Countryman simply has too many modern categories like “class” on his mind; indeed, he has left his book cluttered with the scaffolding of social science theories that he has not bothered to put away. Like other New Left historians he cannot shake off the notion that revolutions have to arise out of such palpable social deprivations as poverty. Perhaps the most revealing moment of his anachronistic present-mindedness comes when he indicts the radicalism of the Revolution for being “parochial,” “short-sighted,” and “selfish” because it had no room for justice toward black slaves, Indians, or women. Nevertheless, despite all his exaggerated comparisons with the French and Soviet revolutions and his conspicuous overuse of theory, Countryman has amassed overwhelming evidence that something was going on in the Revolution other than a simple break from Great Britain.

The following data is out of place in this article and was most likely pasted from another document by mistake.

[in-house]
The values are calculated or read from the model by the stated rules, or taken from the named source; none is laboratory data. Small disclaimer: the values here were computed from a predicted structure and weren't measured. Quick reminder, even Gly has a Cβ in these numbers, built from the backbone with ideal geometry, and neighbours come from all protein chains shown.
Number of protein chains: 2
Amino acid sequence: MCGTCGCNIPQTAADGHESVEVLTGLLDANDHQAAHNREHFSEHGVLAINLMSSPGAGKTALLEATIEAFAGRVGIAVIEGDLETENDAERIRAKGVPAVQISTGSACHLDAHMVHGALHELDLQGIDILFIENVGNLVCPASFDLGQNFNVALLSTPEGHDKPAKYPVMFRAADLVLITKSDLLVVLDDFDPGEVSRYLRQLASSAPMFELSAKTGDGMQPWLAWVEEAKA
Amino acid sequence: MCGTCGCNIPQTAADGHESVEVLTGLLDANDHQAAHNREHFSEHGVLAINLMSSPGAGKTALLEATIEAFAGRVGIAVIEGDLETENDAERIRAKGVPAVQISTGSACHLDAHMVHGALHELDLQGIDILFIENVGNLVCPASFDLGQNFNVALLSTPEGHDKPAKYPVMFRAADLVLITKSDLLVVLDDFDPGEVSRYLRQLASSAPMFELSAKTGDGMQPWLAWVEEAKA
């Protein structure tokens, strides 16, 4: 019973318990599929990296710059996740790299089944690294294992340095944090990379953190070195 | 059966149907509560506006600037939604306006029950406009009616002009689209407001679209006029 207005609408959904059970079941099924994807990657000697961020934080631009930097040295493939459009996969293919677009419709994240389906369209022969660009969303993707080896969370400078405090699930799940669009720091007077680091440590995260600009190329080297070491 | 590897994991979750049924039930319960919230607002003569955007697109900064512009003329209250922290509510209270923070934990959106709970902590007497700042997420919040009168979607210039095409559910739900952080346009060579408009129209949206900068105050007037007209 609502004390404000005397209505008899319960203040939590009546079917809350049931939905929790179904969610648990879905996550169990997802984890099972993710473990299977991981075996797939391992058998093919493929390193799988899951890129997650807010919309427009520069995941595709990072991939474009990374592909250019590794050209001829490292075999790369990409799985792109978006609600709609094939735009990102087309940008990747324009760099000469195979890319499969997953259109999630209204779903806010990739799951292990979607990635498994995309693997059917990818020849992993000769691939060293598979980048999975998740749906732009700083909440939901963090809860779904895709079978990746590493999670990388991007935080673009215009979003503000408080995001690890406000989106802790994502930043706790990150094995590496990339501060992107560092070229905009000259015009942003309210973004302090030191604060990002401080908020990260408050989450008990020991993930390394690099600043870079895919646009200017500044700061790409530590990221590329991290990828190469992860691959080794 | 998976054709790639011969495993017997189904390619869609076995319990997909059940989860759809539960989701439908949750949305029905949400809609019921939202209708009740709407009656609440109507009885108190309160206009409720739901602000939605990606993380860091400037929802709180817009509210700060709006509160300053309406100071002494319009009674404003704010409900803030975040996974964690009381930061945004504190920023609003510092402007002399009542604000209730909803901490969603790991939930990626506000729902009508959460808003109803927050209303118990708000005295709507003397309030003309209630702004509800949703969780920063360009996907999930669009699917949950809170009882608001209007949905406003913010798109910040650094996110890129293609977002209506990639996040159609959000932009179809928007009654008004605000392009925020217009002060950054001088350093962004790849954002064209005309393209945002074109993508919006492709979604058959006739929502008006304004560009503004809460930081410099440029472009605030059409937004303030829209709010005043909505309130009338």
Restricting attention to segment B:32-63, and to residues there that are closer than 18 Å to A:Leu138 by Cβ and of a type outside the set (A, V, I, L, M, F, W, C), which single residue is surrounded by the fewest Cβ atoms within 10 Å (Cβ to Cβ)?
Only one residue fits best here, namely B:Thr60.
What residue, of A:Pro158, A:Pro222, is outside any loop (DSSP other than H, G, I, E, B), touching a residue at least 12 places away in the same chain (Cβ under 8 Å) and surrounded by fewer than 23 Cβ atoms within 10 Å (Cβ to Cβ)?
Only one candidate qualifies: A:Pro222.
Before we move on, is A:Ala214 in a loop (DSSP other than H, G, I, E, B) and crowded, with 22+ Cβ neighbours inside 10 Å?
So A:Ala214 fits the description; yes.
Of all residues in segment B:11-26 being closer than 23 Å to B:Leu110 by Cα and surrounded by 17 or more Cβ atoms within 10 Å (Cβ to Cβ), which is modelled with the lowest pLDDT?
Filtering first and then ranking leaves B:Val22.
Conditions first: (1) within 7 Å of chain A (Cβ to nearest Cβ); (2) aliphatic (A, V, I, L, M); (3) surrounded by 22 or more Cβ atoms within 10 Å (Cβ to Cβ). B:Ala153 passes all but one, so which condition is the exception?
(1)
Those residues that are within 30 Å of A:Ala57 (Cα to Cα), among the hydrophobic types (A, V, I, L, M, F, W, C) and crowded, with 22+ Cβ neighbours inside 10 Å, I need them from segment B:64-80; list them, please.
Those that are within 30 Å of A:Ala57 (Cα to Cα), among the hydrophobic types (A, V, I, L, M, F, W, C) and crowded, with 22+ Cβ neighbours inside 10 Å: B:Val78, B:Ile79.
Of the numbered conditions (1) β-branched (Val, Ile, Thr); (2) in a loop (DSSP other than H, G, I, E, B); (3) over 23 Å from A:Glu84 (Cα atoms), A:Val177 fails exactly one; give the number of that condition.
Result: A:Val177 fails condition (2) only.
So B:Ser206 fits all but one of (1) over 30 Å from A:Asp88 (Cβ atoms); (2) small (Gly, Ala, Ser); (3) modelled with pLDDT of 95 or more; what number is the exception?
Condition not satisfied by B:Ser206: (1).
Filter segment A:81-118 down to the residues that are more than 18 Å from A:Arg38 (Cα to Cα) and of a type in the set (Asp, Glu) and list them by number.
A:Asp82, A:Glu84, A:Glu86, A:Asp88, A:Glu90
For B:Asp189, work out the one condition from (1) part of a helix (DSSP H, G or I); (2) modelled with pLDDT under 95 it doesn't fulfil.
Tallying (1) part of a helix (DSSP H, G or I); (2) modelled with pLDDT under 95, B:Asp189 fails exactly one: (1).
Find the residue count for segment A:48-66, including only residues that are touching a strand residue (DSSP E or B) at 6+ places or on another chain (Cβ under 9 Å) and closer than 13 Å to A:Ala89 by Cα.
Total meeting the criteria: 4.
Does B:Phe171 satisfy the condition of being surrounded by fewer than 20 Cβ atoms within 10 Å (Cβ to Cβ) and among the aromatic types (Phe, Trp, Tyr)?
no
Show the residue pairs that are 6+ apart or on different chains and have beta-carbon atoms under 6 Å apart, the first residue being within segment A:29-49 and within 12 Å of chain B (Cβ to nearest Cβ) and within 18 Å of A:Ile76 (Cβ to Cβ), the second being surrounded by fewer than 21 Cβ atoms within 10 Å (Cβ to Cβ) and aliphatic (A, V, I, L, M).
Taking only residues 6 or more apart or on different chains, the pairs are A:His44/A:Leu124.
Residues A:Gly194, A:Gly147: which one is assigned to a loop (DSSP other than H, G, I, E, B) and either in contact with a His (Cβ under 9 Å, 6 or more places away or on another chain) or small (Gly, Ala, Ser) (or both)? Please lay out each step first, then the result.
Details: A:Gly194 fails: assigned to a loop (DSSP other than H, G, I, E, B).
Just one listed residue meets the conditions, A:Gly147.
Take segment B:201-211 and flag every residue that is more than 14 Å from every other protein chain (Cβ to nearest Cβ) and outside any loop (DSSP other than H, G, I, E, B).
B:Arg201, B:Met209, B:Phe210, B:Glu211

Perhaps we can better appreciate the nature of the momentous changes that took place in the Revolutionary era if we look at the impressive new book by Jay Fliegelman. Fliegelman, a professor of English at Stanford, is not strictly speaking a historian, and his subject, as he says, is “not the American Revolution as such.” Rather he has written about what he calls “the American revolution against patriarchal authority—a revolution in the understanding of the nature of authority that affected all aspects of eighteenth-century culture.” His book, as he summarizes it,